This was SOP, all entirely sensible, and of course I had no idea that many years later, this pattern of activity would provide me with my most puzzling thought about the whole brand definition/brandpositioning/brand strategy thing which I’m so involved with these days.

The issue – which I’m sure I’ve blogged about before, but then again I’ve blogged about everything I have to say before – is about wanting brands to stand for different things in the minds of different target groups.

We didn’t put it in these terms, but if we had we would have said that beyond its physical identity, the consumer and trade Mars brands were – and were intended to be – entirely separate.  The consumer brand was all about food value – “all the goodness of milk, glucose, sugar and thick, thick chocolate.”  The trade brand was all about profit – the highest-margin countline on the counter.  We didn’t even bother to invent some bullshit over-arching rationale which could embrace both – “The Mars Bar stands for excellence in the minds of all of its stakeholders…”

And I must say that the Mars Bar didn’t seem to suffer from this brand schizophrenia – at the time it was by far the UK’s No.1 confectionery line.  Consumers, of course, were unaware of the trade brand.  And while the trade were aware of the consumer brand, they had no problem with the idea that these were the sorts of things that you say to consumers to keep the profits rolling in.

Of course I’m not familiar with the principles or practice of all of today’s leading brand consultancies, or even the leading consultancies working to any significant extent in financial services, but I don’t know of any which would feel comfortable with this kind of total dichotomy.  (Apart from anything else, I think all would regard it as the thin end of a very dangerous wedge:  if you can countenance a dichotomy when you have two target markets, then why not a trichotomy or indeed a quatrochotomy when you have three or four?  And what happens when you have eight or nine??)

So the phone-a-friend question is obvious:  what do you do brand-wise when you’re dealing with different target groups who relate to the brand in hugely, or even completely, different ways?

What about, for example, a financial advice business which obviously needs to address potential clients, but also critically needs to appeal to good-quality advisers?  Of course in this case it is important that the advisers understand the consumer-facing brand, and play their enormously important role in delivering it to clients and prospects.  But what it actually means, and needs to mean,  to them – its benefits, personality, values, essence, whatever headings you like to define brands under – just isn’t the same.  In ;principle, it’s just like the way that the owners of those CTNs perfectly well understood the Mars Bar brand consumer proposition, but didn’t actually relate to it personally.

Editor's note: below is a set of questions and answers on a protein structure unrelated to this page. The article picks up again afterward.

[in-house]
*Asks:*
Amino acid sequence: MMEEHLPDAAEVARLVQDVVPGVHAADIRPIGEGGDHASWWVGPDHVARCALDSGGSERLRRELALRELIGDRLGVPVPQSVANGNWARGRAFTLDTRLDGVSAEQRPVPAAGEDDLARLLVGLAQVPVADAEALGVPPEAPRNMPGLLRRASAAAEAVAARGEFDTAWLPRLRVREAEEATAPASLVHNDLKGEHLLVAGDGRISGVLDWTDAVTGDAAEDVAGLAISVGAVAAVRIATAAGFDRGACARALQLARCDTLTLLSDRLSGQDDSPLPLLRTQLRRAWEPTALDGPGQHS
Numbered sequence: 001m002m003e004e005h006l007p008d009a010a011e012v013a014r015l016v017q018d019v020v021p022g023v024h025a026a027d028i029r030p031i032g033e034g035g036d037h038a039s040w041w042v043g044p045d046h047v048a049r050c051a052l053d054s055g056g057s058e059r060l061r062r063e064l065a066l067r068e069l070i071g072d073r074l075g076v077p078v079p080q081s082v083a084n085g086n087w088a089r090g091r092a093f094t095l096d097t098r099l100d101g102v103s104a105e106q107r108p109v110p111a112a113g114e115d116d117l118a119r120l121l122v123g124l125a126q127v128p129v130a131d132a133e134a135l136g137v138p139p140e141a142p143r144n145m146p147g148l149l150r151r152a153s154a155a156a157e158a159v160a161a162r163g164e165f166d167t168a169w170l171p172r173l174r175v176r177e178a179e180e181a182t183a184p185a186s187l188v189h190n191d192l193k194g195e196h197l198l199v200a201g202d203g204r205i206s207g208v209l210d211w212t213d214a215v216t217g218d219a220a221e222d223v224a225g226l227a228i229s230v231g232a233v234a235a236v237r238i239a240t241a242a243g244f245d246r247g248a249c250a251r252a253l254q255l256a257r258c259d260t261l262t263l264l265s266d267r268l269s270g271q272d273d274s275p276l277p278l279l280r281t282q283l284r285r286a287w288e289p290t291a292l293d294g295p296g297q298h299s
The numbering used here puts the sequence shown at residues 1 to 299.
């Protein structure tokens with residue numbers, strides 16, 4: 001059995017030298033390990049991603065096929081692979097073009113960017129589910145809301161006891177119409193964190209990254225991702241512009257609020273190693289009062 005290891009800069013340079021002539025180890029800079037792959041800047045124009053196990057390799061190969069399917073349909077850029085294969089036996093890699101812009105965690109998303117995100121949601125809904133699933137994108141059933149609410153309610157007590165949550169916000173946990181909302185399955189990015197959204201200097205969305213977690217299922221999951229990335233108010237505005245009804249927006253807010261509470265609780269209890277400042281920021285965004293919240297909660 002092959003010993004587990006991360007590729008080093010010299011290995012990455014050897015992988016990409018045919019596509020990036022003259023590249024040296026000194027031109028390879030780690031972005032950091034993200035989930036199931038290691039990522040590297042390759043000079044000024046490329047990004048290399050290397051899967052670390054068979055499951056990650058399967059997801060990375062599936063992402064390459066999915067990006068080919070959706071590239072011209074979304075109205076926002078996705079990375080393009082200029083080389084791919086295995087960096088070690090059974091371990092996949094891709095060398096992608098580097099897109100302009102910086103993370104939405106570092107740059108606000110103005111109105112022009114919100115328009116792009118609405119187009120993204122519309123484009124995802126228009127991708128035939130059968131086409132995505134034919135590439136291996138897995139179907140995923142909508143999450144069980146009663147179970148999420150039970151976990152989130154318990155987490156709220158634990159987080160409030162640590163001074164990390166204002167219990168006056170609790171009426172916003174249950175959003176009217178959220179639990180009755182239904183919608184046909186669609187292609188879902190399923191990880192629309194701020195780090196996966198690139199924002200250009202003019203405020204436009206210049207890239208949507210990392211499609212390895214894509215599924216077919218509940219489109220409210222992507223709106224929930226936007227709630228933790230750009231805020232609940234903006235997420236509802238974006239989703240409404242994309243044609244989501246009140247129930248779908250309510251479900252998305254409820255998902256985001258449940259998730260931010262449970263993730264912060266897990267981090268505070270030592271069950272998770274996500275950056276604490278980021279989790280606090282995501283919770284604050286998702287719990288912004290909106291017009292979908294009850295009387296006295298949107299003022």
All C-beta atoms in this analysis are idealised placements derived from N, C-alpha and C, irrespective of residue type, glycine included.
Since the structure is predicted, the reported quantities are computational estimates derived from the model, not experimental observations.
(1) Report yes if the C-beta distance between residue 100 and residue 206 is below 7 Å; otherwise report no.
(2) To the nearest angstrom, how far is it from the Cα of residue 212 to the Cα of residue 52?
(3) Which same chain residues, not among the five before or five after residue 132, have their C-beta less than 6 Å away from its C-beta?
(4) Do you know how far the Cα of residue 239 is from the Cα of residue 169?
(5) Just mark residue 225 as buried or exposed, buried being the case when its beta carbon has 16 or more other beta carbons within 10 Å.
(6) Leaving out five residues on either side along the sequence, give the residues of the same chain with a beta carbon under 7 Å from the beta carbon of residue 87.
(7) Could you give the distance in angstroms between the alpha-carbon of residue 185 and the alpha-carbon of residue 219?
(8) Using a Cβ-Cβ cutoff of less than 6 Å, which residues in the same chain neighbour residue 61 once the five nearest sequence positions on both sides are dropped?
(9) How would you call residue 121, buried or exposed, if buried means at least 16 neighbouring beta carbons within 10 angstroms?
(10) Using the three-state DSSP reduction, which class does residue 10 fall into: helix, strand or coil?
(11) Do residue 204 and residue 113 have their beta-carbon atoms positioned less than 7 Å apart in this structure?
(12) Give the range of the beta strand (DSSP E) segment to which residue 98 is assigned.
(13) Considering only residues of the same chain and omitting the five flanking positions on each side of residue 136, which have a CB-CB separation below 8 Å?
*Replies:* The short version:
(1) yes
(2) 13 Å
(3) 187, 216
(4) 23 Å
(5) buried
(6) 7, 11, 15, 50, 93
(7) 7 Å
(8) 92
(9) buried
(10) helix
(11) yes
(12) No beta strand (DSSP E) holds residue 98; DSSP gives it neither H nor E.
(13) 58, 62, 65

This, I’m well aware, is a dangerous line of thought – best in many ways not to pursue it.  But remembering those distant Mars brand days, it’s one that I can’t quite get out of my mind.  I’m not happy with the answer that “it all comes together at the higher levels.”  Saying that “we stand for excellence in the minds of all our stakeholders” is far too vacuous to make any useful contribution.  But if that’s not the answer, phone-a-friends, what is?

Just as well I don’t pay myself for writing this

If I did, I’d have to think seriously about whether it was worth carrying on.  (No, with the blog, stupid, not with life.)  I say this because I’m amazed and more than somewhat distressed to see how little the going rate for freelance copywriters has increased over the years.

When I very first started giving work to freelancers, way back in the mid-eighties, the going rate was £200 a day. 25 years later, you can still get a freelance writer for £200 a day, although the best ones will cost more – certainly £300, maybe £400, possibly even £500.  Given that the invaluable inflation calculator on ThisIsMoney says that £200 in 1986 is worth £476 in today’s money, day rates overall have risen far more slowly than the cost of living.

You’d expect this would be the result of a supply-and-demand thing – too many writers, not enough copy to be written, a buyers’ market, hapless wordsmiths cutting prices to the bone.  But the funny thing is that actually, as far as I can see, the market dynamics are all the other way around.  As far as the advertising and other creative courses at colleges and universities are concerned, we all know that we’ve been through a long, long period in which the writers have been second-class citizens and the art directors and designers the first – everyone has heard the story of the college where pairs of students are teamed up on the first day and asked to toss a coin, with the winner being the art director and the loser being the writer.

And anyway, quite frankly, you don’t need to hear horror stories like this to worry about what’s happened to writing ability – you just need to read stuff.  There are quite simply no great writers these days:  there are people who can do short and pithy, and people who can do long and boring, and really nothing much at all in between.

And at the same time that the ability to write has been disappearing, new needs for writing and writers have been appearing absolutely every bloody where.  I wonder how many billions of words-worth of persuasive writing there are now on the Internet, for example.  And how many billions more are currently being written as components of social media strategies (no matter how horribly misconceived and unsuccessful most of these may turn out to be).